Project Pages

Secured Overnight Financing Rate—London Interbank Offered Rate Replacement

Project Description: A primary objective of this project is to consider replacing citations of the London Interbank Offered Rate (LIBOR) in GASB standards with one or more acceptable benchmark reference rates or, alternatively, developing criteria for an acceptable reference rate in lieu of identifying specific rates. The project also will address whether the requirement to cease hedge accounting due to a termination event should be amended to exclude terminations that result from amending an existing derivative instrument or entering into a new derivative instrument for the purpose of replacing LIBOR as the reference rate.

Status:
Initial Deliberations: April 2019


Secured Overnight Financing Rate—London Interbank Offered Rate Replacement—Project Plan


Background: LIBOR (and other IBORs, such as the Tokyo Interbank Offered Rate, TIBOR, and the Euro Interbank Offered Rate, EURIBOR) is a reference rate that is incorporated into the terms of approximately $350 trillion of financial instruments worldwide, about $150 trillion of which is benchmarked to U.S. LIBOR, including those entered into by U.S. state and local governments—predominantly interest rate swaps and other derivatives but also including floating rate bonds, loans, and other instruments.

LIBOR represents an average of the rates at which major British banks expect they can borrow from each other without putting up collateral. It is calculated each business day in London for 10 different currencies and 15 maturities from overnight to one year and is based on surveys of panels of large banks.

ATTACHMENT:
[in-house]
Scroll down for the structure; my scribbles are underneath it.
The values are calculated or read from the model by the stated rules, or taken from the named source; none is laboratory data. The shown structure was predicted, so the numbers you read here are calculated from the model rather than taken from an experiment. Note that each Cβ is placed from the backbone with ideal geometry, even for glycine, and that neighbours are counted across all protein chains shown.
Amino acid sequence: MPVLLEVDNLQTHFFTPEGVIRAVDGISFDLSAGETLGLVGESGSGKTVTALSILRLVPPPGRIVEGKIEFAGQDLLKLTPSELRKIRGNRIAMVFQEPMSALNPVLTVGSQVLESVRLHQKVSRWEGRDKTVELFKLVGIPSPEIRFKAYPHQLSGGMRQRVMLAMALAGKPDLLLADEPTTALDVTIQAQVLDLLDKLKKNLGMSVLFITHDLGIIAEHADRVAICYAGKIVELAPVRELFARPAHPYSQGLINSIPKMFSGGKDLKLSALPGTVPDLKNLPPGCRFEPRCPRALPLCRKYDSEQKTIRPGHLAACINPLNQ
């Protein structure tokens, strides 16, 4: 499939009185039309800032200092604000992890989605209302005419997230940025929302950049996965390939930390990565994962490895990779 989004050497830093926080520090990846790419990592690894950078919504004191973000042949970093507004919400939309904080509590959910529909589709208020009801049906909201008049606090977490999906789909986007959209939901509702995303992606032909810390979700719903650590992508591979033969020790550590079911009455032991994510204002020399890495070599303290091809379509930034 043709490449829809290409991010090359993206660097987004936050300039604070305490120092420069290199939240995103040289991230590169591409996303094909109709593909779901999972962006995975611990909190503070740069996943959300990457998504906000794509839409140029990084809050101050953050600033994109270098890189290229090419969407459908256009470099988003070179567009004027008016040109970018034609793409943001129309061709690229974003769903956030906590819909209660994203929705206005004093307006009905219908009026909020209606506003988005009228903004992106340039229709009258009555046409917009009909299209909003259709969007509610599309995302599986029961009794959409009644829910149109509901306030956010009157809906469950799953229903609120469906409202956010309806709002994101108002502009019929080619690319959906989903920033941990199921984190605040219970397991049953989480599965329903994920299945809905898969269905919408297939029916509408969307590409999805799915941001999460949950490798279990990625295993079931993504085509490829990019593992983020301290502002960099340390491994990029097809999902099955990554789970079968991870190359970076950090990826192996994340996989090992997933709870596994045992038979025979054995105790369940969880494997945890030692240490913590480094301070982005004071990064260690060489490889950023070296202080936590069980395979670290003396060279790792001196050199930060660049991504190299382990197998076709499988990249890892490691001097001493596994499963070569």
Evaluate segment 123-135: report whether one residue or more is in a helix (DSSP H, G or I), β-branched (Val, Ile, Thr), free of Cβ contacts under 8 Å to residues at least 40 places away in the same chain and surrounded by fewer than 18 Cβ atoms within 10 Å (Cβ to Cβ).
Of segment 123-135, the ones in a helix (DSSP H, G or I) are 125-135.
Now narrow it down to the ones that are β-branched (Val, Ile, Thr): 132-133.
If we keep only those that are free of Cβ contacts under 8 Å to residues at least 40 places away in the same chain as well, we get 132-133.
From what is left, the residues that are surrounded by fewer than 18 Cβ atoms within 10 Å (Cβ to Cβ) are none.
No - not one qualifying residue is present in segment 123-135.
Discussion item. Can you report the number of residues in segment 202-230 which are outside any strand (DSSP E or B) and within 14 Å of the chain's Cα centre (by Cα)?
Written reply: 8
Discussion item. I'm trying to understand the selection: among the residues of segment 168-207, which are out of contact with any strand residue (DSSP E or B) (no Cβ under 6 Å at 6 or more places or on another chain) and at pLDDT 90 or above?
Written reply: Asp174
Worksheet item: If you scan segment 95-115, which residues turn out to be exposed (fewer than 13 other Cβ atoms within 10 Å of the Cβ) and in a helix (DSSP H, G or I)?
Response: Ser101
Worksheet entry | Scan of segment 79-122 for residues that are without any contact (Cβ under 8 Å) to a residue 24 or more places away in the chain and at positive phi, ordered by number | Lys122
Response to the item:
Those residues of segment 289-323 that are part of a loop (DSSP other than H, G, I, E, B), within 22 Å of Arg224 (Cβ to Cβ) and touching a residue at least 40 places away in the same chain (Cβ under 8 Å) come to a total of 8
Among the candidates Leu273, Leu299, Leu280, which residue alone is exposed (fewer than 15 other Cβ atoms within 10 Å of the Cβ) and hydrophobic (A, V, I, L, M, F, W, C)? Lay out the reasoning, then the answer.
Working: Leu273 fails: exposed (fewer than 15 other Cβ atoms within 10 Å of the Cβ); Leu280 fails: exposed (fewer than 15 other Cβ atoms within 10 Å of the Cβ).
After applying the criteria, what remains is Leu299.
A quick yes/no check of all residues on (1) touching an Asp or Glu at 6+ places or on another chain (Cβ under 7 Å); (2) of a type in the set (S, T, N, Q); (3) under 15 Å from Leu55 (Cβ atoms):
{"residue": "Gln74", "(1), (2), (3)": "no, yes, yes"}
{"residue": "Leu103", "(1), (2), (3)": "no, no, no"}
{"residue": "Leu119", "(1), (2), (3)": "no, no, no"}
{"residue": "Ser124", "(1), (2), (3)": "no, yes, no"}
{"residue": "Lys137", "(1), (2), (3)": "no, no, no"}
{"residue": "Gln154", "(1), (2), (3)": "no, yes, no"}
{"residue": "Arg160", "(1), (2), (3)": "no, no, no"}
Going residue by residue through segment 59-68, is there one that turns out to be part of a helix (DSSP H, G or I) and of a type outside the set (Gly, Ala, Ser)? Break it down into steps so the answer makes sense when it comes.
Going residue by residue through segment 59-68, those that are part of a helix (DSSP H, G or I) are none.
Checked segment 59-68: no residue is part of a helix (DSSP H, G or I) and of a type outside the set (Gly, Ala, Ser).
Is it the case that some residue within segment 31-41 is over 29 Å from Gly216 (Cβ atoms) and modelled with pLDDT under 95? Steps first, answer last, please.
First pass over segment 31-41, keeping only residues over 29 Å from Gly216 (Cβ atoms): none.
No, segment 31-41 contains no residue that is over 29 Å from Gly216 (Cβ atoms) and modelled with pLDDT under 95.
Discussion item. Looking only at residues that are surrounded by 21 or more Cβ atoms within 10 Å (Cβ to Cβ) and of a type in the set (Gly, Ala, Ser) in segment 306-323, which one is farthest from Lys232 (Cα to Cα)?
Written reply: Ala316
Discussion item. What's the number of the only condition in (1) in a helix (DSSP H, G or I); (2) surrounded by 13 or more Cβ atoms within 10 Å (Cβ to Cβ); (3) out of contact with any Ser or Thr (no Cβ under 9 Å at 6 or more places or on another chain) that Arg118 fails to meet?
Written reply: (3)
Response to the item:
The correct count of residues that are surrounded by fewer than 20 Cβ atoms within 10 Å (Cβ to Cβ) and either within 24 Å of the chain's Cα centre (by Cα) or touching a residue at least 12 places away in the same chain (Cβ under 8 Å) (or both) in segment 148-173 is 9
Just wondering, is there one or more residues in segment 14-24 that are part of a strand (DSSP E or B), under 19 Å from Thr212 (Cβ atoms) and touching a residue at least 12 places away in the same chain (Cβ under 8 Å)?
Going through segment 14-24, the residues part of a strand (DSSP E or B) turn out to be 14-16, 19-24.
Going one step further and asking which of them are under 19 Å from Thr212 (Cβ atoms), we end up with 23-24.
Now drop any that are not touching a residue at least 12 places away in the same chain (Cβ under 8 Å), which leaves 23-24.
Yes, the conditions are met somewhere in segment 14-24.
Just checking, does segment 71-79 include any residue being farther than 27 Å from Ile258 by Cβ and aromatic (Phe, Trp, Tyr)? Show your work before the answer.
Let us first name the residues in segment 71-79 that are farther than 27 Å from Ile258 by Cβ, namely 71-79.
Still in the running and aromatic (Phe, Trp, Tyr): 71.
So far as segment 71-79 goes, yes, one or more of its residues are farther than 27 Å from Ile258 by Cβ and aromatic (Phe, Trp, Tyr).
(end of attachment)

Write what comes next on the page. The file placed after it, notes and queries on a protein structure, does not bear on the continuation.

For a variety of reasons—including the diminishing objectivity of the rate due to a decreasing number of transactions in the markets underlying LIBOR (and other IBORs)—a multinational process is underway to establish new reference rates that are more reliable and robust.

In the U.S., the replacement reference rate will be the Secured Overnight Financing Rate (SOFR), which is calculated daily based on overnight transactions from the prior day’s trading activity in specified segments of the U.S. Treasury repurchase agreement market. As such, the rates are based on actual transactions rather than estimates, as is the case with LIBOR.

The most challenging aspect of the sunset of LIBOR likely will be its potential impact on the hedge accounting provisions of Statement No. 53, Accounting and Financial Reporting for Derivative Instruments. For derivatives that are effective hedges, changes in their fair value are recognized as deferred outflows of resources or deferred inflows of resources. Should a hedging derivative cease to be effective or terminate, the accumulated deferrals are recognized in investment income and subsequent changes in the derivative’s fair value also would be recognized in investment income.